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This version of the app is called todo-swift-mvvm-live, and it uses Swift data model and some Architecture Components like ViewModel, LiveData, and other lifecycle-aware classes. It's based on the todo-mvvm-databinding sample, which uses the Data Binding Library to display data and bind UI elements to actions.

How to compile (Only macOS)

First of all, preapre development enviroment according to

Set swift android toolchain path for Android Studio



or add to your .profile:

launchctl setenv ANDROID_NDK_HOME <PATH_TO_NDK>

Then build with Android Studio or just gradlew

./gradlew clean assembleDebug

What you need

Before exploring this sample, you should familiarize yourself with the following topics:

Implementing the app

Although the parent sample already used ViewModels, as it was following an MVVM architecture, the Architecture Components have different restrictions by design.

In the MVVM architecture, Views react to changes in the ViewModel without being explicitly called. However, the MVVM architecture presents some challenges when working with some Android components.

Live events

A new SingleLiveEvent class is created, which extends MutableLiveData so it's lifecycle-aware. It's used for communication between ViewModels and UI views (activities and fragments).

Instead of holding data, it dispatches data once. This is important to prevent events being fired after a rotation, for example.

A convenient use for this is navigation. There is no reference to the View from a ViewModel so the communication between them must happen via a subscription. ViewModels expose events like openTaskEvent and views subscribe to them. For example:

private void subscribeToNavigationChanges(TaskDetailViewModel viewModel) {
    // The activity observes the navigation commands in the ViewModel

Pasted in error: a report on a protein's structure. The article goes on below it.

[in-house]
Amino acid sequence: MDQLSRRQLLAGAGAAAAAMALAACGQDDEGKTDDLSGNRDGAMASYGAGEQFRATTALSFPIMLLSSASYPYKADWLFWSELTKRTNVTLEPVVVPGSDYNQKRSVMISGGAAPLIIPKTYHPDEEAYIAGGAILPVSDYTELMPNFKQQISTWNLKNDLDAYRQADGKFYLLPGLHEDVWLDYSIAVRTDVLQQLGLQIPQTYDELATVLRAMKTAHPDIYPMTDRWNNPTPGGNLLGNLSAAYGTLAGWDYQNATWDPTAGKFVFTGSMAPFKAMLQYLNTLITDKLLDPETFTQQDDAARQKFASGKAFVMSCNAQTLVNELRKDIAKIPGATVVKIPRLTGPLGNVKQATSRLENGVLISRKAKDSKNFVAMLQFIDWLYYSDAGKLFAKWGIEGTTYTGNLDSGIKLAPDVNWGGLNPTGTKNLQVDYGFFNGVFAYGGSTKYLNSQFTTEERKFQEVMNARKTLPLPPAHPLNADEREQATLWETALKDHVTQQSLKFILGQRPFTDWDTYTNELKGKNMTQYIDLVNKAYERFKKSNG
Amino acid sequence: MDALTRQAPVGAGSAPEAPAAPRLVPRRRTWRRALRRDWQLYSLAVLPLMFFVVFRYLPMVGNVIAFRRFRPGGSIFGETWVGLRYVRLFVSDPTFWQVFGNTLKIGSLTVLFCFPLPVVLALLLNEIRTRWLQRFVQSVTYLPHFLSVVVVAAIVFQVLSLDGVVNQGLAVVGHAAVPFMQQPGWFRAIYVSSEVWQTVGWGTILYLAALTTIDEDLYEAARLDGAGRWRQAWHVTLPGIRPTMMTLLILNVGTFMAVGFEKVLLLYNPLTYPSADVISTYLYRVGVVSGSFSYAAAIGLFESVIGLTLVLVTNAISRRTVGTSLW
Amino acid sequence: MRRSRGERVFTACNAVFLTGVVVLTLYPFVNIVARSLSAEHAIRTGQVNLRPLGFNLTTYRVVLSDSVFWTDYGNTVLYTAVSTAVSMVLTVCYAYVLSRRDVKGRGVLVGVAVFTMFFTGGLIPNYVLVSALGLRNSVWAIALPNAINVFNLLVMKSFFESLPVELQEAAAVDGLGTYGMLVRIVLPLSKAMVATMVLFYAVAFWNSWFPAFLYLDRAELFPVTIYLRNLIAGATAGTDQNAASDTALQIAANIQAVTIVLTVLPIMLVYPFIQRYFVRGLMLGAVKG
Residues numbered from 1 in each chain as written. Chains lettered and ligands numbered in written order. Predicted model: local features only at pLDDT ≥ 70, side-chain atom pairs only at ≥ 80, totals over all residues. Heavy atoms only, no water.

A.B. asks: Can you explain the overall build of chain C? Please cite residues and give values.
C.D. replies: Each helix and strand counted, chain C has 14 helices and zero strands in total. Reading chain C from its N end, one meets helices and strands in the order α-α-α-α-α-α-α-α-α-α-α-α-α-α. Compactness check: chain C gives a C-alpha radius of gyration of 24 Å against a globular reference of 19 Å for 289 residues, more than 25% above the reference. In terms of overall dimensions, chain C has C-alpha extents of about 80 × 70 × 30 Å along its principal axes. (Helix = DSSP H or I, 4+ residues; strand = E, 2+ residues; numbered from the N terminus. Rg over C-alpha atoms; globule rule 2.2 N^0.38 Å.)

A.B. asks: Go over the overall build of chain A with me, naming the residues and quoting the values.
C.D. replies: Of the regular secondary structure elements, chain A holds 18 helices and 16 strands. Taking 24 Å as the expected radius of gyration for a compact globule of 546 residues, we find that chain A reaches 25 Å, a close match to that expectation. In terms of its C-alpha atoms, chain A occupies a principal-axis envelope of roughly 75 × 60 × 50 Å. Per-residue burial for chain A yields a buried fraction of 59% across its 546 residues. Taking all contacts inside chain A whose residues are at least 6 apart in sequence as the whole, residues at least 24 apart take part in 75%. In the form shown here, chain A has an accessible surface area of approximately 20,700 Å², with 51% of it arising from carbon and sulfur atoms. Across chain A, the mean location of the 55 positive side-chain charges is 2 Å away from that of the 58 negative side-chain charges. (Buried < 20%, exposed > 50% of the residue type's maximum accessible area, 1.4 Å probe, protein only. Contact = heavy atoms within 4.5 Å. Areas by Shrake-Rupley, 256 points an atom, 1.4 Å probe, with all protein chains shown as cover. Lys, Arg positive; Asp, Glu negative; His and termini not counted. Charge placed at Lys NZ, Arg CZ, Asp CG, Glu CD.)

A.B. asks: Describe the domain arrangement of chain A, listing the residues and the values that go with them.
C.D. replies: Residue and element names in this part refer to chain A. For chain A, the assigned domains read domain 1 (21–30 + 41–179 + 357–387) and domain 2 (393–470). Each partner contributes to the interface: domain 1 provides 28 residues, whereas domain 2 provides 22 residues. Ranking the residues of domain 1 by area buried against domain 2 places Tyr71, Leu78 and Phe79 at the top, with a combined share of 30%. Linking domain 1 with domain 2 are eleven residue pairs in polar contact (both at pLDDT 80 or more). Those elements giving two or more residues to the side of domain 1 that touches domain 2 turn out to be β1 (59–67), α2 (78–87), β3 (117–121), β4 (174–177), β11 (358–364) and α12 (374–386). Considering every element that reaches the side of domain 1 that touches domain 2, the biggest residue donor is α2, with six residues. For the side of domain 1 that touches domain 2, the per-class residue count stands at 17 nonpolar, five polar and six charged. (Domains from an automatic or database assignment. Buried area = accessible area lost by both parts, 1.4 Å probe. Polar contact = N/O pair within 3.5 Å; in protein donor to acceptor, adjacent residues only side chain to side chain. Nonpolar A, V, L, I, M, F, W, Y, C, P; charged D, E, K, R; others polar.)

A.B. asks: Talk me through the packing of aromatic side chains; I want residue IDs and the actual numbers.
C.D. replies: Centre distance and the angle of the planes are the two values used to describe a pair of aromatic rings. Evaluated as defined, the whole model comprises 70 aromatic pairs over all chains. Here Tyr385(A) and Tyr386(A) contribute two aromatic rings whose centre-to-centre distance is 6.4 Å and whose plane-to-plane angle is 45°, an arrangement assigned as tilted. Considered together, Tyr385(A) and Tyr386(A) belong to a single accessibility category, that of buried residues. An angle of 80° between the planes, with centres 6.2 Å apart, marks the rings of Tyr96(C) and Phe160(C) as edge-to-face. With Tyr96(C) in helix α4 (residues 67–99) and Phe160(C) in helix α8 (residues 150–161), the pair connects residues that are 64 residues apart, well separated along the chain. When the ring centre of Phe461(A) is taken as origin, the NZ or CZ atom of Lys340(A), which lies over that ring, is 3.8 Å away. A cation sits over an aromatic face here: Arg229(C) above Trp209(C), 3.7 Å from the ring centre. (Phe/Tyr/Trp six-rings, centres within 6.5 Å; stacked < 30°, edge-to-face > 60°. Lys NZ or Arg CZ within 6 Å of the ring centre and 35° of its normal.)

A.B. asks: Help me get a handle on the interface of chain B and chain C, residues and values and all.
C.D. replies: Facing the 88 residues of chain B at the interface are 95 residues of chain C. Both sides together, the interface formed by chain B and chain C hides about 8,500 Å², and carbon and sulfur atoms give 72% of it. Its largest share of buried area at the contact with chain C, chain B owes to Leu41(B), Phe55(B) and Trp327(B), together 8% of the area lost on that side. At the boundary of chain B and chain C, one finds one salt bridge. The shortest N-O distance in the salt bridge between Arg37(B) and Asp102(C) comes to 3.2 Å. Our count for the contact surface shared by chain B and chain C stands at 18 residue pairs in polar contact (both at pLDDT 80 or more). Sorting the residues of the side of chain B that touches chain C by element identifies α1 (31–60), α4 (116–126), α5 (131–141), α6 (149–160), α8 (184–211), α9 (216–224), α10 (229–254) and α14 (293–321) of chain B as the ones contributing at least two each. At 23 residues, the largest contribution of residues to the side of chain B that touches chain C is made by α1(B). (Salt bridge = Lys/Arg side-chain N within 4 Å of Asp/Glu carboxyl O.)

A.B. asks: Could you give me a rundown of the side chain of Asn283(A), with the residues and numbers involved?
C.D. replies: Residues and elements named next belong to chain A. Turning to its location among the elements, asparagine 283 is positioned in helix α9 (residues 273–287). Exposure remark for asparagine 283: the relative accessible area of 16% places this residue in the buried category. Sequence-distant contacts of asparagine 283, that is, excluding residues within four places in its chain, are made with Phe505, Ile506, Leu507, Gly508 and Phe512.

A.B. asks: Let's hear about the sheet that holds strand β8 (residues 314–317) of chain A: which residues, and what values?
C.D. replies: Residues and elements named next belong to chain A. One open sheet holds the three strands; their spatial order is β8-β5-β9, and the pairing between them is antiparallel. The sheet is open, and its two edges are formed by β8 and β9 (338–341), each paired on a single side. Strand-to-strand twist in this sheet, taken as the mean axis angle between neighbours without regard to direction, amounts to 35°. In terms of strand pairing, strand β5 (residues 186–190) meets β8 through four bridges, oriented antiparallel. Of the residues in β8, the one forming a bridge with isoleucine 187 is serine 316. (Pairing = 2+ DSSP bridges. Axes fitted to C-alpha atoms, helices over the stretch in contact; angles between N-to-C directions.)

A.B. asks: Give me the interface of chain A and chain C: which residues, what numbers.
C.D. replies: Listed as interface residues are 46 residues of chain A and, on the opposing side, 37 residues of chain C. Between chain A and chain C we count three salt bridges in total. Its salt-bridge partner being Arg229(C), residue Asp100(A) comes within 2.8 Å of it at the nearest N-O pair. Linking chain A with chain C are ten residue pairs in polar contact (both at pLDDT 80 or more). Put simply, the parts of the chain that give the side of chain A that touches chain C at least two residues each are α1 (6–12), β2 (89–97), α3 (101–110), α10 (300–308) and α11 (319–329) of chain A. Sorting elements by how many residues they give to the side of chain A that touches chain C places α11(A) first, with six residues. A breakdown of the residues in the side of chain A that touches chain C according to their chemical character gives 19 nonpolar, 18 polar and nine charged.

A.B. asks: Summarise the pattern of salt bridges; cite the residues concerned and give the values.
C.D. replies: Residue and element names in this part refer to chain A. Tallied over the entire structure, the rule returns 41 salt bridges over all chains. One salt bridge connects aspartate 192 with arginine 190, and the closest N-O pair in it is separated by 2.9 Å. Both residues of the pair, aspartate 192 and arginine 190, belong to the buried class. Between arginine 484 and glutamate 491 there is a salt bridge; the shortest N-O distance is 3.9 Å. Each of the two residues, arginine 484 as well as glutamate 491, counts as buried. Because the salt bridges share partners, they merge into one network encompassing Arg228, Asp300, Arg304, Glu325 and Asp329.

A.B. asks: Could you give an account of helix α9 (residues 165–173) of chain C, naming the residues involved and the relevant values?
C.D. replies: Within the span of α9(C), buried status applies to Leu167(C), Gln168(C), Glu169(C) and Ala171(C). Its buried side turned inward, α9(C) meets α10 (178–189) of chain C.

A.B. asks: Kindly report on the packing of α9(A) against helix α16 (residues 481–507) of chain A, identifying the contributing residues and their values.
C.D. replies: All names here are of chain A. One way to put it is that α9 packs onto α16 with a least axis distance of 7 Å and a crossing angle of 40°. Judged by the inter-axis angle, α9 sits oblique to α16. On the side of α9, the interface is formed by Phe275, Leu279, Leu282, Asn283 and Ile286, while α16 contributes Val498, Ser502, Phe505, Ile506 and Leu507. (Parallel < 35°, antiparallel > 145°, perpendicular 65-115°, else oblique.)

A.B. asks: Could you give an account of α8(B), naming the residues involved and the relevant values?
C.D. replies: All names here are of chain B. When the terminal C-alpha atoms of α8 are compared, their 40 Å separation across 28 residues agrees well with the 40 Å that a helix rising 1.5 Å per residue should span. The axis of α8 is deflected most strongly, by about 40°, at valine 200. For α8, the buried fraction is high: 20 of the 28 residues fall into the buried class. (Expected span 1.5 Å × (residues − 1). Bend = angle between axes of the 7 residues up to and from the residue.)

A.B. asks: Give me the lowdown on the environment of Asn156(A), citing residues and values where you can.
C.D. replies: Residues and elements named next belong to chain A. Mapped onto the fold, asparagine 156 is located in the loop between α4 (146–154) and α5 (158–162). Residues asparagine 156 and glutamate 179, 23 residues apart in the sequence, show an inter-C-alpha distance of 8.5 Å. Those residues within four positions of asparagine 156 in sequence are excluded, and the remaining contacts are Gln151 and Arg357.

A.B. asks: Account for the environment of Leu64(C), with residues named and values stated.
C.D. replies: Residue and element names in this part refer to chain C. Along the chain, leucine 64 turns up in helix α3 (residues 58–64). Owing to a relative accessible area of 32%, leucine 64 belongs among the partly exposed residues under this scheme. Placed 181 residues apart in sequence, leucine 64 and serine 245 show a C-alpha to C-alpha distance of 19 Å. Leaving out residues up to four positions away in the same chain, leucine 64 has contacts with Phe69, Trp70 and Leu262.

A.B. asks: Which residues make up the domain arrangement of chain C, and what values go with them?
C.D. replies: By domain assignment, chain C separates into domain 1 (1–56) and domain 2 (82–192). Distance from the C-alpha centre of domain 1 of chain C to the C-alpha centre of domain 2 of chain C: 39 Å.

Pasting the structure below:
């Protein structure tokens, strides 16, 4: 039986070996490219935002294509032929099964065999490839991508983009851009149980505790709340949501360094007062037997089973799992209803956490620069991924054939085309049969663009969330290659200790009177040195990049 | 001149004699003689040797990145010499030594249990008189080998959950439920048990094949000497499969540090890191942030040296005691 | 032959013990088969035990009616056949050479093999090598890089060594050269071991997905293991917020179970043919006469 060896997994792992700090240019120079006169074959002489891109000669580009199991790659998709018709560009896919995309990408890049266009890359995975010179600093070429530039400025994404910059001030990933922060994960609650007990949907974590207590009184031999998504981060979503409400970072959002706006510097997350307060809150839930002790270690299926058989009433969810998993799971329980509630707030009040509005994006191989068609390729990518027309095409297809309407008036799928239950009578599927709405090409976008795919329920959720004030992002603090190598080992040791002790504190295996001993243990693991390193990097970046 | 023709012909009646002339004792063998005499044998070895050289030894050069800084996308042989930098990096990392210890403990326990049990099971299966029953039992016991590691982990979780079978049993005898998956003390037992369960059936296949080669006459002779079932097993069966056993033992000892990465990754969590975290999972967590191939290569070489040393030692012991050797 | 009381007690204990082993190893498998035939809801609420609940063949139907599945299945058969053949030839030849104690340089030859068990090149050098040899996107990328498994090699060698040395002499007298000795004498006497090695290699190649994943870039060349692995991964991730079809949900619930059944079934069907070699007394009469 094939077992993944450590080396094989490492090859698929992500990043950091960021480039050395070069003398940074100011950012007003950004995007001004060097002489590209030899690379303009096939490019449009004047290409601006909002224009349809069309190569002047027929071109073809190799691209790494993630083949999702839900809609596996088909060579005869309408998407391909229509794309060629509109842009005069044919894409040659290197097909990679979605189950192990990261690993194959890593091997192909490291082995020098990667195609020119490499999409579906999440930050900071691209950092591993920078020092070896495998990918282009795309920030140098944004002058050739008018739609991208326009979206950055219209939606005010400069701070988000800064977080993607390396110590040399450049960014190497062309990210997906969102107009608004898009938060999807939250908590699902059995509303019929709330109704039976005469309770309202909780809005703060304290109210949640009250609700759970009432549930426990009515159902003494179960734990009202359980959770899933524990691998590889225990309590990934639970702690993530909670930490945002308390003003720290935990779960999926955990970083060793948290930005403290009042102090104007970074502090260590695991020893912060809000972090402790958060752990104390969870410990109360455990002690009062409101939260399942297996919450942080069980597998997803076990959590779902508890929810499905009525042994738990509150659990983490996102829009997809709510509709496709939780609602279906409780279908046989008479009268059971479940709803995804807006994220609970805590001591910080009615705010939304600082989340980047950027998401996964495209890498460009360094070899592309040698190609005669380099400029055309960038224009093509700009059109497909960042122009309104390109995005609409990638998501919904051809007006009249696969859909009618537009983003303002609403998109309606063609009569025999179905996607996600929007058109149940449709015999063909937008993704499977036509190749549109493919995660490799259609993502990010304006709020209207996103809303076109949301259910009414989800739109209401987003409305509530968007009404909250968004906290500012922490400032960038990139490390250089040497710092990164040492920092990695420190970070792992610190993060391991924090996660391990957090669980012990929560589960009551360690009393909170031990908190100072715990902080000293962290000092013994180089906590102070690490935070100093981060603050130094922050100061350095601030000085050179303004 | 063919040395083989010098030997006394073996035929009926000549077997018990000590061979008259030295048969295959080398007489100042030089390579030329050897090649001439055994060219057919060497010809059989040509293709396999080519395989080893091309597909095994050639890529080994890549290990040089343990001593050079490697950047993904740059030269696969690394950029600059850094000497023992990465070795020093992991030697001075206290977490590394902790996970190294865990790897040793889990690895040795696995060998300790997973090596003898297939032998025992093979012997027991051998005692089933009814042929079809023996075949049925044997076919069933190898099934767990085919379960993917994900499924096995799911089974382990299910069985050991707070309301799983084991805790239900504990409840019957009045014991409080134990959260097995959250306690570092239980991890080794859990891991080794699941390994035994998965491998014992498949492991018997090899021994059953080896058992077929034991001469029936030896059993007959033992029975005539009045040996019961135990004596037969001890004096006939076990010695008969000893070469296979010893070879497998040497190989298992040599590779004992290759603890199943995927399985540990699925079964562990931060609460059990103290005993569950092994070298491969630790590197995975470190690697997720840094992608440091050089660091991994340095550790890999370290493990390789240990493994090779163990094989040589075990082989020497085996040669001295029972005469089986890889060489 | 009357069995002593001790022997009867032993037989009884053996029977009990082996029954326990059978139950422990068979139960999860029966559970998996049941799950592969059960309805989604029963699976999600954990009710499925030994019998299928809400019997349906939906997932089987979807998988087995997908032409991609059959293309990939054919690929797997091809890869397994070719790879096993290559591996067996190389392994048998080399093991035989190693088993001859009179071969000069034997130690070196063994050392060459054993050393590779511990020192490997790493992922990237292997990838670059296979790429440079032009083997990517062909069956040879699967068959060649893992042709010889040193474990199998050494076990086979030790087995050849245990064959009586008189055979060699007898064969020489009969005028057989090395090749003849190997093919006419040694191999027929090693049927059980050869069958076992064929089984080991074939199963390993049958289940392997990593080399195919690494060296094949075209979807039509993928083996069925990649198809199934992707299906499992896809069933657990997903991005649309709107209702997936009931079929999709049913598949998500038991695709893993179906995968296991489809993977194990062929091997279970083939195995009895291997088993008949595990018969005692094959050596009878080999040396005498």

viewModel.getEditTaskCommand().observe(this, new Observer<Void>() {
        public void onChanged(@Nullable Void _) {
    viewModel.getDeleteTaskCommand().observe(this, new Observer<Void>() {
        public void onChanged(@Nullable Void _) {


To show a Snackbar, you must use a static call to pass a view object:

Snackbar.make(View coordinatorLayout, String text, int length).show();

A ViewModel, however, doesn't have the necessary reference to the view hierarchy. Instead, you can manually subscribe the snackbar to a Snackbar event. In this case the subscription is made to a SnackbarMessage which extends a SingleLiveEvent and takes a string resource ID (an integer). There's only one snackbar and there should only be one active observer at a time. Messages are only shown once.


There is no TaskItemViewModel in this branch for each particular item in the list, so tasks in the list only communicate with the list's ViewModel.

Using ViewModels in bindings with the Data Binding Library

ViewModels are used to show data of a particular screen, but they don't handle user actions. For that it's much more convenient to create user actions listeners or even presenters that hold no state during configuration changes and hence are easy to recreate. See TaskItemUserActionsListener for an example.

Repository does not use LiveData

For simplicity and similarity with the parent branch, the repository does not use LiveData to expose its data.


A collection of samples to discuss and showcase different architectural tools and patterns for Android apps.







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